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A Headline You Probably Missed

Jeff Remsburg
·7 min read

The 10-year treasury note punches through 1%… what it means for stocks … what it also suggests about inflation … the metric to begin watching today

On Wednesday, a mob storming the Capitol building might have distracted you from something important that happened in the fixed-income market …

The yield on the benchmark 10-year U.S. Treasury note rose above 1% for the first time since March.

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As I write Friday morning, it’s even higher, at 1.102%.

So, why is this significant?

Well, let’s make sure we’re all on the same page …

***The “10-year” is a key global benchmark interest rate

As it goes, so goes countless other interest rates (one of the most notable is your mortgage rate).

The 10-year is also viewed as a sign of investor sentiment about the economy.

When investors feel confident, the price of the 10-year drops and its yield rises (bond prices and yields are inversely correlated). This reflects investors’ belief that they can find higher-returning investments elsewhere without those other investments being too risky.

So, the 10-year yield pushing up through 1% reveals investors’ willingness to flee the relative safety of the 10-year, venturing out in a quest for higher returns.

But there’s something else this “breaking 1%” means. Traders are expecting a market-dynamic we haven’t seen in a long, long time …


***The relationship between the 10-year, the Georgia senate election, government spending, and inflation

In their Wednesday update of Strategic Trader, our technical experts, John Jagerson and Wade Hansen, connected the 10-year yield with the Georgia senate race and inflation:

The TNX broke above 1% for the first time since March 20, 2020, this (Wednesday) morning.

This is huge. Here’s why.

Treasury yields have been depressed for nearly a year because bond traders have been willing to accept virtually no return on their investments as the Federal Reserve has cut short-term interest rates to zero and the coronavirus pandemic stifled economic growth and inflation.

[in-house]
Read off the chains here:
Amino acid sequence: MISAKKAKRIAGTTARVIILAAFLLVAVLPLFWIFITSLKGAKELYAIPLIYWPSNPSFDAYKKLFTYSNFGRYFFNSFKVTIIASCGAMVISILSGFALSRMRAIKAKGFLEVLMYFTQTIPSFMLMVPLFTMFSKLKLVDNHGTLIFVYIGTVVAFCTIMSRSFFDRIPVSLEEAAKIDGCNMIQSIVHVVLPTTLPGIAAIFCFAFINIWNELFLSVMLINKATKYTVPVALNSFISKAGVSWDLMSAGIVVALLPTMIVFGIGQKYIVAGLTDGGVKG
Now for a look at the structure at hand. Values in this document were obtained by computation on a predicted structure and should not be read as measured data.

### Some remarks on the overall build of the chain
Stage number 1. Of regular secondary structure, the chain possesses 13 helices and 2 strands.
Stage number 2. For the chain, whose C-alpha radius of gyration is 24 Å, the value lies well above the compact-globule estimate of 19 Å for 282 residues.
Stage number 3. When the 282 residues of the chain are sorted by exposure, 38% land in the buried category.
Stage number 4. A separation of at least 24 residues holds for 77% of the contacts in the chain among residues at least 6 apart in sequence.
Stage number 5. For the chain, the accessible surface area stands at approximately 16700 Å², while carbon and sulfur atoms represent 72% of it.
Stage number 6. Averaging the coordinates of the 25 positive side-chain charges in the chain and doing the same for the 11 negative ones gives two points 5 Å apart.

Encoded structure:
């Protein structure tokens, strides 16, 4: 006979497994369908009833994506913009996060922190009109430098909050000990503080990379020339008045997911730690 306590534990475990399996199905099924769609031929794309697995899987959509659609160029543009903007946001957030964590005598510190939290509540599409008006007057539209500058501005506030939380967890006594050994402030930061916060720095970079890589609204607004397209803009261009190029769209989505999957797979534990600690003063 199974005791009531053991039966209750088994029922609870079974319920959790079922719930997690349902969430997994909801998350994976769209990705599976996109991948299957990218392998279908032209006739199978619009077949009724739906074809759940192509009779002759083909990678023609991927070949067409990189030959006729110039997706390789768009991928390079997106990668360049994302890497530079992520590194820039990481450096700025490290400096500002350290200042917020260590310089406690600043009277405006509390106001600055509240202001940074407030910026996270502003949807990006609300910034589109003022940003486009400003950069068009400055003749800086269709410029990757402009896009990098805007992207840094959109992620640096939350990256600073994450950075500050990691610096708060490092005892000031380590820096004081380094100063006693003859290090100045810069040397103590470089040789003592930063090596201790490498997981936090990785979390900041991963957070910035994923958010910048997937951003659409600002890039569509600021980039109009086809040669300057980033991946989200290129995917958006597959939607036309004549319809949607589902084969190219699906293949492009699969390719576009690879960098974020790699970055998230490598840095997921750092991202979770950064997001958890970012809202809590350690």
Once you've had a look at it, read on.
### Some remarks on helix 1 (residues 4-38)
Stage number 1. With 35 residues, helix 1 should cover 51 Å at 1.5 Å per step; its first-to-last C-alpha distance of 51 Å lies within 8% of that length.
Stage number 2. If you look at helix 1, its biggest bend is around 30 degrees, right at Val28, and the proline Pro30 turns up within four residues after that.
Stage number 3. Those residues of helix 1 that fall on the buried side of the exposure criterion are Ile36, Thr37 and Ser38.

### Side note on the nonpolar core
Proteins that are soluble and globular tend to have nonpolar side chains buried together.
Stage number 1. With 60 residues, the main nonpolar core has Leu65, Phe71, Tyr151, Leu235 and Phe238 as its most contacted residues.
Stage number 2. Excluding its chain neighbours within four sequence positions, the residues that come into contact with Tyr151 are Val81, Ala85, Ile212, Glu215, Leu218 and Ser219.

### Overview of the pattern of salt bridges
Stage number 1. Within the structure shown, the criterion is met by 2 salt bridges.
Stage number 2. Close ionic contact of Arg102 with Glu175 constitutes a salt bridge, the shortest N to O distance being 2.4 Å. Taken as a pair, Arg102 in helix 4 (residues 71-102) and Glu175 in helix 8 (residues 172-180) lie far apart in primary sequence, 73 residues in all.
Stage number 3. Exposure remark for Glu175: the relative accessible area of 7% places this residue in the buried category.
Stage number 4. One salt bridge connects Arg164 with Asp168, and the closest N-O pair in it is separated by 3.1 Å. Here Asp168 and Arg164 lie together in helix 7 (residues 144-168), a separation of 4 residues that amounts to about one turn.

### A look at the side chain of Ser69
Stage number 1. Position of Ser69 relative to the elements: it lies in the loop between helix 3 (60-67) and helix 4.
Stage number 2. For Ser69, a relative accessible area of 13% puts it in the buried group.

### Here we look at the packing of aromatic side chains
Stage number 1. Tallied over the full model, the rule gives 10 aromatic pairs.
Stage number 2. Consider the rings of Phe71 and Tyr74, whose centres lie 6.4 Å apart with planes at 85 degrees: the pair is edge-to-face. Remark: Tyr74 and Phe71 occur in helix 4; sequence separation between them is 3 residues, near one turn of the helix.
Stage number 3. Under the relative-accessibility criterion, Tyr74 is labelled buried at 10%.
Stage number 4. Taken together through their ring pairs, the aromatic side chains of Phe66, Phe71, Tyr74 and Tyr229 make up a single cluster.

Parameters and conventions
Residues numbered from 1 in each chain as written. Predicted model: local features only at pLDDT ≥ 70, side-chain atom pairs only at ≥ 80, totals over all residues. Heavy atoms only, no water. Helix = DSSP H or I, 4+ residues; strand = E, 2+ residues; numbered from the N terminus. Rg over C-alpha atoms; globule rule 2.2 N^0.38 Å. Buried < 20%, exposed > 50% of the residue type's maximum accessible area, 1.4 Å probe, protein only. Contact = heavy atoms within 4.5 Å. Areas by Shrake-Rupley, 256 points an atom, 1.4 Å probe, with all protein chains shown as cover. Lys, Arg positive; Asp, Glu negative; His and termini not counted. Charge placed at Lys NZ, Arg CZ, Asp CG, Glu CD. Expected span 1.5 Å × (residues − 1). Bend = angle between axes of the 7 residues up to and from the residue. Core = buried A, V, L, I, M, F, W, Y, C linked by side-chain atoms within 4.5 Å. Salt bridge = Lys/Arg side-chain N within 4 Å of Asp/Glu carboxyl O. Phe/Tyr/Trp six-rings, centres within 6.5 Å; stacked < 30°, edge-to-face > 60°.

However, if Democrats end up controlling not only the White House but also both houses of Congress, that could all change.

For the past year, Fed Chair Jerome Powell has been asking for more fiscal stimulus to bolster the monetary stimulus the Fed has been providing to try and stabilize the U.S. economy, but Republicans in the Senate have been unwilling to give it.

But if Democrats take control of the Senate, they have said they will be more than willing to provide additional spending.

Additional spending would likely lead to increased economic growth, which in turn would likely lead to an increase in inflation.

Bond traders are starting to price in this possibility by demanding a higher yield on their Treasury investments to compensate for the increased inflation risk.

As we know now, Georgia Democrats, Jon Ossoff and Raphael Warnock did, in fact, win their U.S. Senate races. This gives Democrats the complete control John and Wade reference above.

***And as expected, more spending is immediately on the docket

From Forbes:

Senate Minority Leader Chuck Schumer (D-N.Y.) said during a press briefing Wednesday that passing legislation to increase the amount of direct payments in the most recent stimulus bill from $600 to $2,000 is “one of the first things I want to do” when the two new Democratic senators from Georgia have been seated and Democrats take control of the chamber.

Keep in mind, if this happens it will add another $463.8 billion onto the $900 billion stimulus bill recently signed by President Trump.

Now, some inflation would be good for stocks. Back to John and Wade to explain:

This is all good news for the stock market.

Traders have been looking for an excuse to continue pushing stocks higher, and this may be it.

Additional fiscal stimulus and stronger economic growth should help boost corporate revenues and earnings in 2021.

However, inflation is a bit like fire — it’s very hard to control once it gets going. And on that note, here’s something we need to keep an eye on …